Maritozzi Con La Panna (Roman cream buns)

 The June bread challenge set for us in the We Knead to Bake group was ‘Maritozzi Con La Panna’ – which is an Italian sweet bun, sort of like a brioche. They have an orange and vanilla flavour and are traditionally filled with whipped cream or with a glaze or even dusting of icing sugar. We decided to forego both versions, and they tasted brilliant even served as-is with our evening tea/coffee. The combination of orange with vanilla was very nice, and the raisins and toasted pine nuts provided an interesting texture with each bite.

This bread is fairly similar to the Gibassier we had made last year, and after the problems I had with that bake I approached this one with much trepidation. The bread itself proved less of a challenge than feared. Mostly becasue the dough behaved much better, rising and expanding as expected. But also, I think, because I have gotten better at this by sheer practice and experience. This recipe also calls for a starter /sponge, just like the Biga used in the Gibassier. But this time, all went as planned, which was a relief.

The one thing I did note while following the recipe was that I needed to add more flour, as the dough seemed too wet and sticky to me. And the feedback from the group was that I wasn’t the only one who did this, although the amount added varied from person to person.

I urge you to try this if you like brioche. The end result is great, even without the cream filling or the sugar glaze. Here is Aparna’s recipe


For the buns

  • Instant yeast – 1½ tsp
  • Warm milk – ½ cup
  • Strong Bread Flour – 1 3/4 cups, plus more for dusting
  • 1 egg
  • 1/4 cup sugar
  • 50 gm butter, soft at room temperature
  • Pinch of salt
  • 1/8 cup raisins, soaked in 2 to 3 tbsp warm unsweetened orange juice warm water for 10 minutes
  • 1tbsp pine nuts, lightly toasted
  • Zest of 1 orange or 1 tbsp candied orange peel, finely chopped
  • 1/2 tsp vanilla extract

For the glaze

  • 3 tbsp sugar
  • 3 tbsp water


  • Powdered or icing sugar for dusting

For the filling

  • 500ml fresh cream, whipped to stiff peaks with a few teaspoons of icing sugar (you will need about 2 to 3 tablespoons of cream per bun), optional


  • You can do this by hand or in a machine. Put the yeast, the warm milk, a teaspoon of the sugar and half a cup of the flour in a largish bowl and mix with a spoon to create a smooth paste. This is the starter or sponge. Loosely cover the bowl and set it aside for 20 to 30 minutes. After this time the starter/ sponge would have risen a bit and contain a lot of bubbles.
  • Put this starter/ sponge, 1 cup of flour, the egg, the remaining sugar, butter, and salt in the bowl of your processor and knead a little. Then add the raisins (with the liquid), the pine nuts, the orange zest and the vanilla and knead until you have a dough that is soft and smooth but not sticky. Add as much of the remaining 1/4 cup flour (or more liquid) as you need to reach this consistency of dough. If necessary stop kneading by machine once the dough has come together reasonably well, and then knead by hand till soft and elastic. Note: At this stage, I needed to add a further 3/4 cup or so of flour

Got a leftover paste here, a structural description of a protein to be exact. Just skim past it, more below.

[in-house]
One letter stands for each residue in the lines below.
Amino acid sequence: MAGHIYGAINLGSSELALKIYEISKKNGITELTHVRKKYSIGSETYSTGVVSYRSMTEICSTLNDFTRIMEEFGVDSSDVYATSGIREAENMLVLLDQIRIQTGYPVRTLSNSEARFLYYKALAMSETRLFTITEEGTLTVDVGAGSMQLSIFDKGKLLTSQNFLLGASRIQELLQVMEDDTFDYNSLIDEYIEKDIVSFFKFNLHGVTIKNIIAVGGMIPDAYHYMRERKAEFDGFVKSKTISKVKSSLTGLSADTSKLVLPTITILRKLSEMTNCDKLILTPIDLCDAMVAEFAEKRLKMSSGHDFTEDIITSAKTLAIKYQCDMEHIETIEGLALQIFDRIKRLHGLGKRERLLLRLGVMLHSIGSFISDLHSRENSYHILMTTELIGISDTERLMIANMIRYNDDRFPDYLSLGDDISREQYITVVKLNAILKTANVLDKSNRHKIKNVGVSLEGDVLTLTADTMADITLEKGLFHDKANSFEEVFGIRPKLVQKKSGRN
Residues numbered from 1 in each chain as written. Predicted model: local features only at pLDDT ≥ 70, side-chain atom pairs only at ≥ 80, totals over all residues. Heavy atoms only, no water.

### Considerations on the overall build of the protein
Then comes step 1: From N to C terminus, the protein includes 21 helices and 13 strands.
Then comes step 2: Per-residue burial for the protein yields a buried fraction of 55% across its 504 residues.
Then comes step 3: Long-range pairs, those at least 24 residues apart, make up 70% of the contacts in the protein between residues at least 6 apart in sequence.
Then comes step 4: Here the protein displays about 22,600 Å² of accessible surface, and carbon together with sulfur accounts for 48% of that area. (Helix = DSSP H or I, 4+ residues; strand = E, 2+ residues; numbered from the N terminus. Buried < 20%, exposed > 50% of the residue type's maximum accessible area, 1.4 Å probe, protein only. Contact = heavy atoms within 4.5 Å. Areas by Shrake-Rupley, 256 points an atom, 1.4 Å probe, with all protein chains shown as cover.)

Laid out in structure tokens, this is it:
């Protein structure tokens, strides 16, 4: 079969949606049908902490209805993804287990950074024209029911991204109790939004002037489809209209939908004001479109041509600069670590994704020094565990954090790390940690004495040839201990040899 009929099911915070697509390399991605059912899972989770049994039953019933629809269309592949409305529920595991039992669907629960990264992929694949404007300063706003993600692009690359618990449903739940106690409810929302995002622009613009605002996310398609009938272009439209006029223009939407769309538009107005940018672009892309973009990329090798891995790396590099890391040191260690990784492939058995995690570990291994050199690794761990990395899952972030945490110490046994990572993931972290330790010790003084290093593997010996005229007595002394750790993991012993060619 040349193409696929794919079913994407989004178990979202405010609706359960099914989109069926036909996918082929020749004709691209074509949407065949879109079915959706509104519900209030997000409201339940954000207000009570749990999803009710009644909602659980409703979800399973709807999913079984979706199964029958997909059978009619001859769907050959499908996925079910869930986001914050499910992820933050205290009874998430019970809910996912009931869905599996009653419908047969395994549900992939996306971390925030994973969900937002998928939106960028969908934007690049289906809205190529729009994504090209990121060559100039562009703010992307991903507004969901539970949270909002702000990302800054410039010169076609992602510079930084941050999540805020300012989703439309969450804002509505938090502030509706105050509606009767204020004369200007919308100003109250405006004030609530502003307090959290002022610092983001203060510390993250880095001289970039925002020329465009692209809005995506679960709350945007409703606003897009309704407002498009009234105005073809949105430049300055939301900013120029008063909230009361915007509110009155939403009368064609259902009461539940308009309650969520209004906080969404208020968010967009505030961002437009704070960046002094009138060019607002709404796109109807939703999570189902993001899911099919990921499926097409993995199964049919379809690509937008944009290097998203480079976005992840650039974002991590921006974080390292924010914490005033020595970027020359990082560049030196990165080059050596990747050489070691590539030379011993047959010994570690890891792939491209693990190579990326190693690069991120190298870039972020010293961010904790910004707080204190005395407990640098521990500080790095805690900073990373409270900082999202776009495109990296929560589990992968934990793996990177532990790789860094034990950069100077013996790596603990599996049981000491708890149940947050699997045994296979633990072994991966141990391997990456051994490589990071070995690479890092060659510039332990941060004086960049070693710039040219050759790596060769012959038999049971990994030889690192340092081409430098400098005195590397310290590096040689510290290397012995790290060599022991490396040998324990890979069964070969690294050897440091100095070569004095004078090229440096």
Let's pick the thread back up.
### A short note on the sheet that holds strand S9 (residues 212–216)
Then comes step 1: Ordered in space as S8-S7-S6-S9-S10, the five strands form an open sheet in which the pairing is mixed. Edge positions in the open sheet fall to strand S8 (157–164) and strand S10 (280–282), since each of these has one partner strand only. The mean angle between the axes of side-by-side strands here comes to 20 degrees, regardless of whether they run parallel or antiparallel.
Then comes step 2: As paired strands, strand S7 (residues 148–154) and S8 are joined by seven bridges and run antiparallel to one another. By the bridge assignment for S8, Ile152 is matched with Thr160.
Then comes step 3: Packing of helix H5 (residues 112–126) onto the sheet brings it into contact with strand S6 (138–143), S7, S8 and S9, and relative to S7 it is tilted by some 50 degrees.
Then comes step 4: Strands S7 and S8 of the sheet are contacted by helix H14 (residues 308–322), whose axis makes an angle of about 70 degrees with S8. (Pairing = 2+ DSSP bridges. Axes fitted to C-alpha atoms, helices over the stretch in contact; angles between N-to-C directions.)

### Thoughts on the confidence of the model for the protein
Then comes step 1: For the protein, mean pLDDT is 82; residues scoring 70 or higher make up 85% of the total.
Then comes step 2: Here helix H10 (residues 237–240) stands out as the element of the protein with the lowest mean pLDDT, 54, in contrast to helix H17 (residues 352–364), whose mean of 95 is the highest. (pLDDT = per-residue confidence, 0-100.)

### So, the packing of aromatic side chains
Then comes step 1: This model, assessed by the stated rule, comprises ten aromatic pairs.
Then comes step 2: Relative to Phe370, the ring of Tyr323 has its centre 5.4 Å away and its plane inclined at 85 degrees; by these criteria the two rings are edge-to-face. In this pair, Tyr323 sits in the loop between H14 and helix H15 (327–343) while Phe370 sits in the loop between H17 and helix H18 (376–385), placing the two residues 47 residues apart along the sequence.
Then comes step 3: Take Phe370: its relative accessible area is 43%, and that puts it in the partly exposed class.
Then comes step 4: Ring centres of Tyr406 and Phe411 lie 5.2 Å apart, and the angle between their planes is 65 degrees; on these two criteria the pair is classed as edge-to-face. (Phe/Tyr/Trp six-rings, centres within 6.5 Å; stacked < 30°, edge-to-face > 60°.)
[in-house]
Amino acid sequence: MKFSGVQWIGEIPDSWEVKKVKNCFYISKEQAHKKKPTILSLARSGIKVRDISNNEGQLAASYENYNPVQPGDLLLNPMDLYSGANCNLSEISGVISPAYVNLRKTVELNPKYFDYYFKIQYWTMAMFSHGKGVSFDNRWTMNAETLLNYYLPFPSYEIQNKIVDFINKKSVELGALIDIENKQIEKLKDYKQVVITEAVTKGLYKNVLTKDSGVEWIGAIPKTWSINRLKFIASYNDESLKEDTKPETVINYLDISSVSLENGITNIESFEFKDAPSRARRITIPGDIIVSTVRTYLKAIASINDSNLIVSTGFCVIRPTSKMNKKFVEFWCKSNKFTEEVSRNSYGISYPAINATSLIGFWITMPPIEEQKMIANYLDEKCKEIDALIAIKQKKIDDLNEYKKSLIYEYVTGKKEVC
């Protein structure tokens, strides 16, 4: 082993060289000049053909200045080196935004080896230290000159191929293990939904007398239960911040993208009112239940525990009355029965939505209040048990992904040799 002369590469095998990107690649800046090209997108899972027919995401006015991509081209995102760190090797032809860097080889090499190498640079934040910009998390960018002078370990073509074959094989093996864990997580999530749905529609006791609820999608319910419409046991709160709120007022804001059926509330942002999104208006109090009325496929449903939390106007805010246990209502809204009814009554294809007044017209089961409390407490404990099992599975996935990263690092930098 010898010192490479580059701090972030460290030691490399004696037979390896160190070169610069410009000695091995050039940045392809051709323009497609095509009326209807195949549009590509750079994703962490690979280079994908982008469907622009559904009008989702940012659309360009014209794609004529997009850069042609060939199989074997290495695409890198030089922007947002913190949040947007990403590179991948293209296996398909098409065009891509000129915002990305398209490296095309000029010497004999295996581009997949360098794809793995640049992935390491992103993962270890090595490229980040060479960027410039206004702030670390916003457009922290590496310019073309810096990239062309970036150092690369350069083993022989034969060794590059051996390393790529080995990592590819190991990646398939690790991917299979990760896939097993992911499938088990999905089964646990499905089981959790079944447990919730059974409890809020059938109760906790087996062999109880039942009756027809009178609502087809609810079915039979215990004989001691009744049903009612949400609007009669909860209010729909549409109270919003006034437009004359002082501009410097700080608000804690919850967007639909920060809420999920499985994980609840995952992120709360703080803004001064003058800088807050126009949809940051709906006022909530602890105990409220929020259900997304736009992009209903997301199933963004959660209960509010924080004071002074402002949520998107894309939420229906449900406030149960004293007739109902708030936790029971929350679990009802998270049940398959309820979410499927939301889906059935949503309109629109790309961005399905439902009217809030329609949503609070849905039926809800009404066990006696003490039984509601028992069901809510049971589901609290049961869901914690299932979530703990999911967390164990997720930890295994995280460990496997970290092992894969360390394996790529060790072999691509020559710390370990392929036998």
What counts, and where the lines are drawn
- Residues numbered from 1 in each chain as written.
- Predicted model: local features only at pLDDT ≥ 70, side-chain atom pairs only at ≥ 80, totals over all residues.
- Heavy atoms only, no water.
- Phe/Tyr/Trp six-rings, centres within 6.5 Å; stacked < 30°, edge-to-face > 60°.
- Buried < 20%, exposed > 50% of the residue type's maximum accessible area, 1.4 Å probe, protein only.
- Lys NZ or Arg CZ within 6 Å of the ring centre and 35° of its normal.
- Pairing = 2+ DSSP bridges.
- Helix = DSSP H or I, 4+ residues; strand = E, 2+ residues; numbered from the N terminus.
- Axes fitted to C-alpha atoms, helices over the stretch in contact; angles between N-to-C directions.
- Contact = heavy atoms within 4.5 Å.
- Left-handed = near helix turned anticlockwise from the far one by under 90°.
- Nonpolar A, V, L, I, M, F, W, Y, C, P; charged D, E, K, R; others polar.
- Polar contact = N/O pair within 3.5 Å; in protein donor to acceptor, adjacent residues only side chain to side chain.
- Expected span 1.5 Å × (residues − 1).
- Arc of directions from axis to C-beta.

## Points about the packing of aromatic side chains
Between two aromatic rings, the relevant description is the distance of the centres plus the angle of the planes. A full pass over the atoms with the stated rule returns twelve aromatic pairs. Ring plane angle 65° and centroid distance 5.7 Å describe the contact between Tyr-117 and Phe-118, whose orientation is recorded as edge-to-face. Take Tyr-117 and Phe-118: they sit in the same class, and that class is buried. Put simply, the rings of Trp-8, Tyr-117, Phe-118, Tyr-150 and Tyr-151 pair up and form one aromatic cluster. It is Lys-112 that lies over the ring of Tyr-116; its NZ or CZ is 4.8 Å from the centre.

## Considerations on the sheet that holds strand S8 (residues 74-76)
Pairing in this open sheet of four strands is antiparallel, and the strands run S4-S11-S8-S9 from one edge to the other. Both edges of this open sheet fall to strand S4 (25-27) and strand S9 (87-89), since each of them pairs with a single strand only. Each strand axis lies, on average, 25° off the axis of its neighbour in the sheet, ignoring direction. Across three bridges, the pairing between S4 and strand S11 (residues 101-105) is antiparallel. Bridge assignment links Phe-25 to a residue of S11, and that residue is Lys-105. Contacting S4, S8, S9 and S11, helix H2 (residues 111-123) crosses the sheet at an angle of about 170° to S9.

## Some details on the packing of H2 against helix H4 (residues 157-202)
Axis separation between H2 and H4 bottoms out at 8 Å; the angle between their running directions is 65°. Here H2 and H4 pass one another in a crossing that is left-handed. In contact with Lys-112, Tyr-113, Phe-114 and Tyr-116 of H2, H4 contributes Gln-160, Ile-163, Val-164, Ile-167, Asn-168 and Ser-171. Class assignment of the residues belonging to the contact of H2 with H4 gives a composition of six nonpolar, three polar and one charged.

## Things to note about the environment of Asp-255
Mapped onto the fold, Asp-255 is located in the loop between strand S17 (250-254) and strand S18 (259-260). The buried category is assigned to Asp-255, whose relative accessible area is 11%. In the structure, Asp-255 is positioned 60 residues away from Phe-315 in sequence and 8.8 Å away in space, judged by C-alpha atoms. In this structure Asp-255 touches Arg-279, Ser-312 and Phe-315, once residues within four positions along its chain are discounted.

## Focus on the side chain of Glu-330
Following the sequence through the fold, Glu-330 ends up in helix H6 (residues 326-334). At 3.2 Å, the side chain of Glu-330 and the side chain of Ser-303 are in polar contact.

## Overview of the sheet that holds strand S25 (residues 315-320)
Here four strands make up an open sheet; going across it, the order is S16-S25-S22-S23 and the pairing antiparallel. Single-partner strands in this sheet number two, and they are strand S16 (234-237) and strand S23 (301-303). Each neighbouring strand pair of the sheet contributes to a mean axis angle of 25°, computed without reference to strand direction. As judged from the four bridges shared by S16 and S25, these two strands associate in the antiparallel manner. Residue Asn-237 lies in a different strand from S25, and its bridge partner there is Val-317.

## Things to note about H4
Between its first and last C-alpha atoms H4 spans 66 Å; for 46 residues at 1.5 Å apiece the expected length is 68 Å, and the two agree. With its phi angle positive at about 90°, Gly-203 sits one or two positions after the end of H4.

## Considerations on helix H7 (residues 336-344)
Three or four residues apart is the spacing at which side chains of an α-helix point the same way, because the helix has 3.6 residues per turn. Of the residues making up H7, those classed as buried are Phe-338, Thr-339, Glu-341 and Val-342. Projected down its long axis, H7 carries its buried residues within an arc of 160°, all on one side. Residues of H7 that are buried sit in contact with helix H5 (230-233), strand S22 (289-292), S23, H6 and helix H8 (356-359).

• Dust a little flour in a bowl, and place the ball of dough in it. Loosely cover and let it rise till double in volume (about 1½ to 2 hours).
  • Lightly knead the dough to remove air pockets and divide the dough into 6 or 8 equal portions, according to your preference. Roll each into a smooth ball and then flatten it out into a circle with your fingers. Roll up the circle, jelly/ Swiss roll style and seal the seam. Shape into an oval ad pace on a lined baking sheet leaving enough space between the rolls for them to expand when they rise.
  • Loosely cover and let them rise for about 30 minute. Bake them 180C (350F) for 15 to 20 minutes or till they’re puffed up and a golden brown colour on the top and the bottom. Don’t over bake or the bottoms will darken/ burn and the buns will lose their softness.
  • If you’re going to brush the buns with the sugar syrup, make it while they’re baking, Boil the sugar and water together in a small pan, until the sugar dissolves. Brush this syrup on the tops of the hot buns once you’ve taken them out of the oven.
  • Let the buns cool completely. Then slit them, using a sharp knife, making sure you don’t cut all the way through and keep one side intact. Open them up slightly (don’t let the two parts of the bun separate) and fill with whipped cream, making the edge smooth the flat side of a palette knife or spoon. Moisten your fingers with a little water and hold each Maritozzo carefully at its base, to avoid the sugar glaze sticking to your fingers and pulling pieces of the brioche away.
  • Serve with coffee. This recipe makes 6 or 8 buns.

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